25 Anniversary logo
Join us in celebrating 25 years as an independent agency. On June 11, 1993, then Gov. David Walters signed Senate Bill 356, establishing the Oklahoma Department of Rehabilitation Services. Its passage was evidence of the state of Oklahoma’s commitment to provide more effective consumer responsive services for its citizens with disabilities. DRS was established to serve many of the major programs important to the disability community including Rehabilitation Services, Visual Services, Oklahoma School for the Blind, Oklahoma School for the Deaf and the Disability Determination Services.

School for the Blind students to serve Feb 1 at Sapulpa Lion’s beans & chili dinner

Young man wearing sunglasses and apron stands beside young woman wearing glasses and an apron who holds a dishcloth.

SAPULPA, Okla. – Since 1952, the Sapulpa Lion’s Club members have prepared their family style beans and chili recipes for friends and neighbors who come back every year.

Twenty-five Oklahoma School for the Blind students will help serve at the annual fundraising dinner from 11 a.m. to 1 p.m. on Thursday, February 1 at Sapulpa First Baptist Church located at 124 S. Elm.

Students include seventh and eighth graders, high school students from the service learning class and members of OSB’s Family, Career and Community Leaders (FCCLA).

DRS names new Visual Services administrator

Smiling woman wearing suit

OKLAHOMA CITY – OKLAHOMA CITY – Tracy Brigham from Oklahoma City was appointed administrator of the Oklahoma Department of Rehabilitation Services’ Visual Services division, which annually helps more than 1,800 Oklahomans who are blind or visually impaired to reach their goals for employment and independence.

As administrator, Brigham leads staff who provide statewide career counseling, vocational education and training, medical services required to become employable and assistive technology focused to achieve their career goals.

Library for the Blind patrons may download free radio production of Dickens’ “A Christmas Carol”

Vintage drawings of Scrooge. First one of him taking his coat off, second one is of him talking with a ghost and the third one is of him going to visit the Cratchit's on Christmas morning.

Oklahoma Library for the Blind patrons are invited to download an Oklahoma-produced radio adaptation of Charles Dickens’ “A Christmas Carol” at no charge, thanks to the generosity of Rose State College theater student William Cathey, who produced the play in cooperation with Living Catholic Radio Theatre.

Mr. Cathey, who fondly remembers the Library’s mission from his work as a volunteer, has renamed his production “A Christmas Carol in Prose” and engaged community leaders, radio personalities and Rose State theater faculty and drama club members to bring the holiday classic to life.

The one-hour production, which was recorded and edited by KOMA radio personality and sound engineer Kent Jones, will be broadcast through December 24 on Oklahoma Catholic Broadcasting Network stations.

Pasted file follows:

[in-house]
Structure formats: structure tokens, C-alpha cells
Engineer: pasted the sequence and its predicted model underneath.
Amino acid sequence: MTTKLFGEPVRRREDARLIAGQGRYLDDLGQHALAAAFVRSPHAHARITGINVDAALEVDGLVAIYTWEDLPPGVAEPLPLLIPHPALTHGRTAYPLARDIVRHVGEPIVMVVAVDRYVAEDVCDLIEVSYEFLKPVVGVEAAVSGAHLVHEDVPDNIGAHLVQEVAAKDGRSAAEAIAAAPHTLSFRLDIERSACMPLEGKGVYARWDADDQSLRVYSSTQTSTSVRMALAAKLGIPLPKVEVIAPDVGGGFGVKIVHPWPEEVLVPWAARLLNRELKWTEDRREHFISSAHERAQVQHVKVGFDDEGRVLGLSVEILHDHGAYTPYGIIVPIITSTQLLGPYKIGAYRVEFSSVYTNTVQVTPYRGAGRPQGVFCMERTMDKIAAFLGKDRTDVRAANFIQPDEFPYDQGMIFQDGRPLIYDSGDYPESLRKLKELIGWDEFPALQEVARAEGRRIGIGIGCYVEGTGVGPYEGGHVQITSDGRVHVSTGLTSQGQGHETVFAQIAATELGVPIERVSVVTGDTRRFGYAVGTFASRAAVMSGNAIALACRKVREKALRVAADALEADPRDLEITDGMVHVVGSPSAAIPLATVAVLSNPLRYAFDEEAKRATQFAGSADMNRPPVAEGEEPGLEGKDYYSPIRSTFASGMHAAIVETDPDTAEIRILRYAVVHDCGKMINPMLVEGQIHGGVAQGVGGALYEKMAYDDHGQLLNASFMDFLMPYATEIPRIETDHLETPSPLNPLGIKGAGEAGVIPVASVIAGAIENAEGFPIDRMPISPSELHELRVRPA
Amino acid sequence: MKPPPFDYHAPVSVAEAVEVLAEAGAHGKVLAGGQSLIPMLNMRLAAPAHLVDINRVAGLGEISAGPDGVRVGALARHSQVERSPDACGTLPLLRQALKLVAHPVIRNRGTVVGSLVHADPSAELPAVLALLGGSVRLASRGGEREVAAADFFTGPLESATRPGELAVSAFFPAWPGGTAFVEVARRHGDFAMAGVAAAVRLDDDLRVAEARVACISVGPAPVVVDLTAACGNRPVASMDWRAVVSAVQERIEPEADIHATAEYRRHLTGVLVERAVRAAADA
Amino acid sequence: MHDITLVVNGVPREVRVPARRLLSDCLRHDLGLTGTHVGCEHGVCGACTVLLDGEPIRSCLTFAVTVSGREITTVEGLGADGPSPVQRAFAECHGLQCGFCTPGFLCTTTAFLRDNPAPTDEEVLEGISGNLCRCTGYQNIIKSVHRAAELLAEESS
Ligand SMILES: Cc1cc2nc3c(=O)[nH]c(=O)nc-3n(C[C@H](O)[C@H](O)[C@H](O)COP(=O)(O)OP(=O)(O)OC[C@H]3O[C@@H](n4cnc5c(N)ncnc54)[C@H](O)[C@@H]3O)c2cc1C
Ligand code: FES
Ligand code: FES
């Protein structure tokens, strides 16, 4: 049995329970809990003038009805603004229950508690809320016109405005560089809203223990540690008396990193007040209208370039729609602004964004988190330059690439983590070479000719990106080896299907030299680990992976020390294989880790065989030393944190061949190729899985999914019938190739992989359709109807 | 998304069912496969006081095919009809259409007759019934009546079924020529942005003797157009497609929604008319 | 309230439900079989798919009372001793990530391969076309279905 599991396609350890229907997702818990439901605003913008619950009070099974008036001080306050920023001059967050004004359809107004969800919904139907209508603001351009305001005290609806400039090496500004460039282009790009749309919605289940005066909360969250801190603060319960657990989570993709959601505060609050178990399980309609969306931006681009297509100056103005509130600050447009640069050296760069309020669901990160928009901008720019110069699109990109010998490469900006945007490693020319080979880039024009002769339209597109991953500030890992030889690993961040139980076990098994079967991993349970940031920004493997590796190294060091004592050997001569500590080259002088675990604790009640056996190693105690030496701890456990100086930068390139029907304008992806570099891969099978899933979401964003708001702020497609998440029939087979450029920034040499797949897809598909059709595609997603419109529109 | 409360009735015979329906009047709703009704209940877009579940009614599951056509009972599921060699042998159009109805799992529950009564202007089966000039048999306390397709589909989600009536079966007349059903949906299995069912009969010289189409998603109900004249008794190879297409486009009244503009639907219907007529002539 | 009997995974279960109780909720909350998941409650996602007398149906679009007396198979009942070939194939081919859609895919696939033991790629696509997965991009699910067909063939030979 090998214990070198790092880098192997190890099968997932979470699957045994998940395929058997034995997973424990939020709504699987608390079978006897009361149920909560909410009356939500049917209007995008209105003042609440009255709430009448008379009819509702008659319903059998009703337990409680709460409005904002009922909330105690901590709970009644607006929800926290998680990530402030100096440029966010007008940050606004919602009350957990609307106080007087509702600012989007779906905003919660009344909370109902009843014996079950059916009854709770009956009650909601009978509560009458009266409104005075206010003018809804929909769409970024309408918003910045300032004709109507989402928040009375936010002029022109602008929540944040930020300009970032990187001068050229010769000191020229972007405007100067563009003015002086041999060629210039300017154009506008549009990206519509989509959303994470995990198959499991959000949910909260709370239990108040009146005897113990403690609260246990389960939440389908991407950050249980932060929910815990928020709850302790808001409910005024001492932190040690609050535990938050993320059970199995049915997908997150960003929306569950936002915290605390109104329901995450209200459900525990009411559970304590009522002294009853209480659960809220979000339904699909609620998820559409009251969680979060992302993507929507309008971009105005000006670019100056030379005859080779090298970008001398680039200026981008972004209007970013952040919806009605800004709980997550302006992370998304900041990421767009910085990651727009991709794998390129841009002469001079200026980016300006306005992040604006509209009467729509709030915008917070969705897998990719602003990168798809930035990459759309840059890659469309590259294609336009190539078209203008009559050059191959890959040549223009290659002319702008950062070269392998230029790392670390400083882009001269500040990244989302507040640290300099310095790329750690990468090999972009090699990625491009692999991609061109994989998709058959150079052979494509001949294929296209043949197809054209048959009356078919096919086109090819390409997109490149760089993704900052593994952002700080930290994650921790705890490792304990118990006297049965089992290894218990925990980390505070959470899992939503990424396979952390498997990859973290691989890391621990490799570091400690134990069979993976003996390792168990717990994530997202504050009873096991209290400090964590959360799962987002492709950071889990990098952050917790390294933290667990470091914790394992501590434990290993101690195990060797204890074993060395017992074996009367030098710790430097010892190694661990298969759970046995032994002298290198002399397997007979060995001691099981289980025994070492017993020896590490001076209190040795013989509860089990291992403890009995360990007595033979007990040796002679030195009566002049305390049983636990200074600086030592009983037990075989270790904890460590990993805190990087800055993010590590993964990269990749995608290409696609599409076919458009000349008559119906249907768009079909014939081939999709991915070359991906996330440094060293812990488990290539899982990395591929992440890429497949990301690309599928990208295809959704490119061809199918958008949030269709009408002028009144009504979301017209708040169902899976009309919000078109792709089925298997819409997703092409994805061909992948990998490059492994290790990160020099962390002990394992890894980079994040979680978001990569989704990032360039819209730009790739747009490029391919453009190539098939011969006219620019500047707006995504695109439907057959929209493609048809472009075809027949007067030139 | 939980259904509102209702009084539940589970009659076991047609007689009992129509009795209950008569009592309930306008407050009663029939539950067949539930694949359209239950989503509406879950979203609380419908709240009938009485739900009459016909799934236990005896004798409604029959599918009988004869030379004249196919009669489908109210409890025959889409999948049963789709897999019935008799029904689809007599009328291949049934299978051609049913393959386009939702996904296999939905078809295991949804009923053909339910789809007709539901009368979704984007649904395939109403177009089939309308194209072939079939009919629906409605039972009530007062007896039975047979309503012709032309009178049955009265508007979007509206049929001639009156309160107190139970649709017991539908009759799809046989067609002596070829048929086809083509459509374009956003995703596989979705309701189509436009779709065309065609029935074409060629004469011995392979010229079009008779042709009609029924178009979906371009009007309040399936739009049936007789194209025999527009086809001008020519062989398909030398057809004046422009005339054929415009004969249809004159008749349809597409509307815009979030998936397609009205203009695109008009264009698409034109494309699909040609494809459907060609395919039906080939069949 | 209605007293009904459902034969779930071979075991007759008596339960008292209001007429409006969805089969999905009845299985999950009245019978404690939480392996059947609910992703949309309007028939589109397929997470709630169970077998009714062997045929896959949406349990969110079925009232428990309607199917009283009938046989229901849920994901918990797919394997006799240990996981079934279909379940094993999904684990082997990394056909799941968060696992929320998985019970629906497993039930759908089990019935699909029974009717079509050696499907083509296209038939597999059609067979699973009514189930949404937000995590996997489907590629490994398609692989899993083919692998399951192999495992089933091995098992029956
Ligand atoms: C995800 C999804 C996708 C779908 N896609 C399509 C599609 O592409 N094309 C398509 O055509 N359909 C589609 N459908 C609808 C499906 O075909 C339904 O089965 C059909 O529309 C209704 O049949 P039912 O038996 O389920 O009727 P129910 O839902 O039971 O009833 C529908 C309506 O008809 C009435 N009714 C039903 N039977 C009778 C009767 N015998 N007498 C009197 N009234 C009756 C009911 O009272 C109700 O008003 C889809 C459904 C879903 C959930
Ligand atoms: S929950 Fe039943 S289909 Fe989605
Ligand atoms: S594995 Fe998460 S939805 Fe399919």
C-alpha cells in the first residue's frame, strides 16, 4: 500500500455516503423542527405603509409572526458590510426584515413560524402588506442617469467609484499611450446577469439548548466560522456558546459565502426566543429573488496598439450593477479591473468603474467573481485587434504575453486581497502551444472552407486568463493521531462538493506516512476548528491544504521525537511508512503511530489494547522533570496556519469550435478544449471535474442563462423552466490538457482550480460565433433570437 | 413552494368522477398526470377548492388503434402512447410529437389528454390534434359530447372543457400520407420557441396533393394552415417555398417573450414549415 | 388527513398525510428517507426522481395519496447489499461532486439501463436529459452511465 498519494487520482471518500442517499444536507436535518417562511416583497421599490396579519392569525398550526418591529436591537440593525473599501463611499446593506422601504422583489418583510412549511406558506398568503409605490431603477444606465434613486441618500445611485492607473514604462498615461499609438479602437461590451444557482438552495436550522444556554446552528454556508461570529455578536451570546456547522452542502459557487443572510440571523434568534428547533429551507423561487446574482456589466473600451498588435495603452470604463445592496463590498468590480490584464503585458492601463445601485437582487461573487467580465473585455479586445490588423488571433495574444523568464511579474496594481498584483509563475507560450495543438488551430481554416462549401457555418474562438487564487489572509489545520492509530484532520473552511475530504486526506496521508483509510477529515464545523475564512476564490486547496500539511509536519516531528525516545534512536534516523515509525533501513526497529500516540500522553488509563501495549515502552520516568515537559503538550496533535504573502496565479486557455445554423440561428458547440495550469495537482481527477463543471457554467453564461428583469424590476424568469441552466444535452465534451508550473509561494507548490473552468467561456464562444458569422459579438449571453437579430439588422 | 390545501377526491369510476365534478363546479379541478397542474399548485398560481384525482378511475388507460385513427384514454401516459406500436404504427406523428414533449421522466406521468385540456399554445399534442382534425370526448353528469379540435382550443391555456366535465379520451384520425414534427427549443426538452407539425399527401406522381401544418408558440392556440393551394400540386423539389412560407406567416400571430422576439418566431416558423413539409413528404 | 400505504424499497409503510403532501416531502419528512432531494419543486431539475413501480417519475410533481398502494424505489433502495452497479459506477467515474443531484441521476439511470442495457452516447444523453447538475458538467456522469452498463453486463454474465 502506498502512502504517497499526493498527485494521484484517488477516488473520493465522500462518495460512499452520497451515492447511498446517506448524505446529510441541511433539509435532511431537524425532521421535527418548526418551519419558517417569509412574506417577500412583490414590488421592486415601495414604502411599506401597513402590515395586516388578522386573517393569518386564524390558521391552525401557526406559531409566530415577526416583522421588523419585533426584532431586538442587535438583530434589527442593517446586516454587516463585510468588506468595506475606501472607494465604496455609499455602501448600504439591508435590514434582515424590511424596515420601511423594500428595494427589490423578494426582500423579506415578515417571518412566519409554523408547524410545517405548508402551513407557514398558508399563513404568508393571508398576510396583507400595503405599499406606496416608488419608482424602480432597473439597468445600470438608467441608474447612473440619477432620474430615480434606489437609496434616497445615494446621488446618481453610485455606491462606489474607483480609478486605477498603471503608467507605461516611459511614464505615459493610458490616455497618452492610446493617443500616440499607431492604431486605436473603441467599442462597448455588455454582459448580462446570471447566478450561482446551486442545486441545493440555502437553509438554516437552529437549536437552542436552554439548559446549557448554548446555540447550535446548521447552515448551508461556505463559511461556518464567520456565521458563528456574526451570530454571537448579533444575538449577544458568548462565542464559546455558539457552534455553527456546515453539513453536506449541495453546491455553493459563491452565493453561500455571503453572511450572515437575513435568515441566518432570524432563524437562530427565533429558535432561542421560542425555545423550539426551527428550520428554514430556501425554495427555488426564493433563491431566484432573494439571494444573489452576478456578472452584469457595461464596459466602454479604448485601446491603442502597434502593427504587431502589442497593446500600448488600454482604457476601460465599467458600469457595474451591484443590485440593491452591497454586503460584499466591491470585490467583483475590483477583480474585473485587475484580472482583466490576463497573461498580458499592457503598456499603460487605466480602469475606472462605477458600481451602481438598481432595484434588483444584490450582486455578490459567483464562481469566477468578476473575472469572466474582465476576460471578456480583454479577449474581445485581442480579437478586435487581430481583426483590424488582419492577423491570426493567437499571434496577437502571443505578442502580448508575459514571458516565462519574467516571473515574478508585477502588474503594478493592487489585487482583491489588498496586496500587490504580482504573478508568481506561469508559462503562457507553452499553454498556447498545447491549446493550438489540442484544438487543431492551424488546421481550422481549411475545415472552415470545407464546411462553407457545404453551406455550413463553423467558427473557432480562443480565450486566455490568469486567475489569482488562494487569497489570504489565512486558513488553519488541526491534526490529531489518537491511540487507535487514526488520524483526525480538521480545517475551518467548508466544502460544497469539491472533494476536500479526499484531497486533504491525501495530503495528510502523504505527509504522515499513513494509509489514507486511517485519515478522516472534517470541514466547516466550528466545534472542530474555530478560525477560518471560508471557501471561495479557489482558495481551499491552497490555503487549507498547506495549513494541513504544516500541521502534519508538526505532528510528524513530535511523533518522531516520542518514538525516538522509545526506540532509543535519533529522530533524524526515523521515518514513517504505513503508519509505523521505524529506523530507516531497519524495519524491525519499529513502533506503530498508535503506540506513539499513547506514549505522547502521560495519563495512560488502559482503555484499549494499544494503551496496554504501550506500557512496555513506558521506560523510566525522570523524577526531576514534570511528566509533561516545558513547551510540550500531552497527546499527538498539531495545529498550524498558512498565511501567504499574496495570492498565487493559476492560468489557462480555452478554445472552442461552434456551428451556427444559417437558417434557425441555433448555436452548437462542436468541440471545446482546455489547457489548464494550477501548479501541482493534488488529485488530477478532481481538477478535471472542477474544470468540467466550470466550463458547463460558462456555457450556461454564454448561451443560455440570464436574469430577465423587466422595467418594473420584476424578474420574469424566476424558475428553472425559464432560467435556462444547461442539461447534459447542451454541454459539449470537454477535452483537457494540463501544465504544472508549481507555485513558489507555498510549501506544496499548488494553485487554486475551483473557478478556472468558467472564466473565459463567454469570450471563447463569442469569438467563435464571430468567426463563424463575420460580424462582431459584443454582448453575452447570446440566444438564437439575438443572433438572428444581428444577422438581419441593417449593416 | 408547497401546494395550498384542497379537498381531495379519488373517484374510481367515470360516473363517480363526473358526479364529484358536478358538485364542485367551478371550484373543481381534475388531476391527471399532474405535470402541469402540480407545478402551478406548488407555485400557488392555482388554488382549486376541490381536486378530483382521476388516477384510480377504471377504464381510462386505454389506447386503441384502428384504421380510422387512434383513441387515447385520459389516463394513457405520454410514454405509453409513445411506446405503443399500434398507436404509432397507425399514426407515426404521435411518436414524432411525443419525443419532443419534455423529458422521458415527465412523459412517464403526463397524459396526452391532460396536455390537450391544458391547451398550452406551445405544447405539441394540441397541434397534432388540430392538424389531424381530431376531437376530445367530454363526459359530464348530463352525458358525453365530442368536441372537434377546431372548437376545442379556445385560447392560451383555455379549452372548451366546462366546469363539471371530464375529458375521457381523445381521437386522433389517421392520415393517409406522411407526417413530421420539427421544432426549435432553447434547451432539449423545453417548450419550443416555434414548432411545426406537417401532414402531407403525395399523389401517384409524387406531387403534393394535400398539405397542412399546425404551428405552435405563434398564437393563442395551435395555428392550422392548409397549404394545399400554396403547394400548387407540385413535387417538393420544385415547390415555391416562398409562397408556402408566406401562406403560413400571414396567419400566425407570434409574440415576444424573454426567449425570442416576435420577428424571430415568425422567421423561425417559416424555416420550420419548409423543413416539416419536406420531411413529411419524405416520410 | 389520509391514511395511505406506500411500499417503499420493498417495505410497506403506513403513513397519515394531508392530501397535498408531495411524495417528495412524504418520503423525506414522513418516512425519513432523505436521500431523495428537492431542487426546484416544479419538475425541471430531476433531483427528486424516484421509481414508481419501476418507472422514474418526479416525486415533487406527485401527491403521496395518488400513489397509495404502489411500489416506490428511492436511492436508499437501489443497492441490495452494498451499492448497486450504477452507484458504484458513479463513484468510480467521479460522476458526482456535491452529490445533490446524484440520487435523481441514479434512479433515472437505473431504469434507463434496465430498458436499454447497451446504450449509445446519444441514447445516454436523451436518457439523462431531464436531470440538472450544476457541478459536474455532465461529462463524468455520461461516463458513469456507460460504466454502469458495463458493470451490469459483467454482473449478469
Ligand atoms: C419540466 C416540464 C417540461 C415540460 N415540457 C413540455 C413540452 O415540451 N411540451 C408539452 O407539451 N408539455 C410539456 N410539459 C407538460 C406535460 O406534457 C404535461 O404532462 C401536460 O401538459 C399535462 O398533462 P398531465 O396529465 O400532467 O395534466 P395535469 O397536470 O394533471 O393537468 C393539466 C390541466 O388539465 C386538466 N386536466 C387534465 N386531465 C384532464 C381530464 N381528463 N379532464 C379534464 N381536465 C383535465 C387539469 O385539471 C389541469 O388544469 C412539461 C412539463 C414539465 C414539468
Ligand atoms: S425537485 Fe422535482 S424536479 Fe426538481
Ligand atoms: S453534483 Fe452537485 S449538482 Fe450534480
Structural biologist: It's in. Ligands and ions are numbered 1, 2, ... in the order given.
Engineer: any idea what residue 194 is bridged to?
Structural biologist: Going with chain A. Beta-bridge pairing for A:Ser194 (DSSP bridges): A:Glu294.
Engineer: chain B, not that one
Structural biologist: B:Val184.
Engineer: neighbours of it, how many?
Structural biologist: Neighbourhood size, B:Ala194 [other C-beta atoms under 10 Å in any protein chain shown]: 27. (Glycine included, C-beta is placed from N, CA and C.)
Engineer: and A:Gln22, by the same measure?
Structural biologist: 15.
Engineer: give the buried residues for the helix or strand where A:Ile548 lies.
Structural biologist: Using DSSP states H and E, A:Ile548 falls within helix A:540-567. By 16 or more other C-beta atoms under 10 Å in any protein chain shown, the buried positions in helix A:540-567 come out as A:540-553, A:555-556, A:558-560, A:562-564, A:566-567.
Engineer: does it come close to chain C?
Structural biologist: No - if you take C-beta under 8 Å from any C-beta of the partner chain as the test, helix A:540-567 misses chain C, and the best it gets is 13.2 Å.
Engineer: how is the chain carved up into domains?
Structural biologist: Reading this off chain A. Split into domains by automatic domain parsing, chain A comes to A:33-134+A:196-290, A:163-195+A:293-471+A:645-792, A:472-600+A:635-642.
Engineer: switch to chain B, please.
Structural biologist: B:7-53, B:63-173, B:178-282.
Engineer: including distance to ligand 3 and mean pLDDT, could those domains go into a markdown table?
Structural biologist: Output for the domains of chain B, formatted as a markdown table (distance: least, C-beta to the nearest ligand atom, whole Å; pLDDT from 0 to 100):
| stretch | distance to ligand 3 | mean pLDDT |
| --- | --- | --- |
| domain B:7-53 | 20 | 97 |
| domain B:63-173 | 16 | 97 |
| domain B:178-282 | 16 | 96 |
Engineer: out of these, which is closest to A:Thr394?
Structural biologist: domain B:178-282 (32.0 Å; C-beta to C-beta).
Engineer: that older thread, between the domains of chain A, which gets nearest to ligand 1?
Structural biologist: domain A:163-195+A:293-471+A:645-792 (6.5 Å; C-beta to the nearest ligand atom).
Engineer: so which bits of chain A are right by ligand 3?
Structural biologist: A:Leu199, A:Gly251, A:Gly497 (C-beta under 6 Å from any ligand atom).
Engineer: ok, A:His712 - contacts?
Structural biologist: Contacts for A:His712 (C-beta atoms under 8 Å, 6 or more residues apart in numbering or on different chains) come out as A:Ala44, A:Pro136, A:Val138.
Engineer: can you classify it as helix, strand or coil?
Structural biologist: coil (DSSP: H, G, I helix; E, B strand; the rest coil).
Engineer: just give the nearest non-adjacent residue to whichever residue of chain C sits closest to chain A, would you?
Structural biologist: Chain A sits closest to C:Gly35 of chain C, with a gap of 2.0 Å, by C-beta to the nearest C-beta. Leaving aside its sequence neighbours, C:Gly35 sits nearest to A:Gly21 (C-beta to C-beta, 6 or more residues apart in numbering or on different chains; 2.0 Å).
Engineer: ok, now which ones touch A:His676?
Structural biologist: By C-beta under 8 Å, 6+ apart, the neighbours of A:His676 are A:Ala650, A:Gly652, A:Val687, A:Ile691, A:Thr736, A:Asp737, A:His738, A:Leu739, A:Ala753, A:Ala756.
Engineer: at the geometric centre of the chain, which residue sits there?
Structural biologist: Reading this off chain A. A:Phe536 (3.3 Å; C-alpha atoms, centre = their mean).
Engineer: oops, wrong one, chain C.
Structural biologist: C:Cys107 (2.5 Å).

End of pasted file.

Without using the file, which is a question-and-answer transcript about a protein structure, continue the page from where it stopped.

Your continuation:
In addition to entertaining families during the holiday season, Bill Cathey’s dream is to benefit programs like the Oklahoma Library for the Blind, which provides free audio books to Oklahomans who are visually impaired or unable to use standard print due to another disability.

Oklahoma Library for the Blind patrons may download the production free of charge from the library at www.olbph.org. All others are requested to purchase a CD or digital download for $20 at https://www.livingcatholicproductions.com/store.

The Library for the Blind and Physically Handicapped is a program of Visual Services, a division of the Oklahoma Library for the Blind. For more information about services, phone 405-521-3514 or 800-523-0288 toll free.The Library for the Blind and Physically Handicapped is a program of Visual Services, a division of the Oklahoma Library for the Blind. For more information about services, phone 405-521-3514 or 800-523-0288 toll free.

Oklahoma students earn top awards at School for the Blind’s Cane Quest

Four young students with white canes display medials

MUSKOGEE, Okla. – Thirty-one students competed for awards at the fifth Oklahoma Regional Cane Quest competition at the Oklahoma School for the Blind in Muskogee.

OSB invited certified orientation and mobility specialists and certified teachers of the visually impaired to serve as judges who scored each student’s orientation and mobility skills.

Older Cane Quest competitors navigated routes in downtown Muskogee by following verbal directions and paying attention to environmental clues to reach destinations.

School for the Deaf’s new Key Club School collects donations for kids with disabilities

12 young people and adults in two rows

SULPHUR, Okla. – Oklahoma School for the Deaf students are kicking off their new Key Club organization with an exciting holiday service project that ties in with organization’s goals for student leadership, volunteering and service opportunities.

Members are gathering items for Blessing Baskets to be delivered to the Little Lighthouse in Tulsa.

The Little Lighthouse is a center for children with developmental disabilities, ages birth to age 6.

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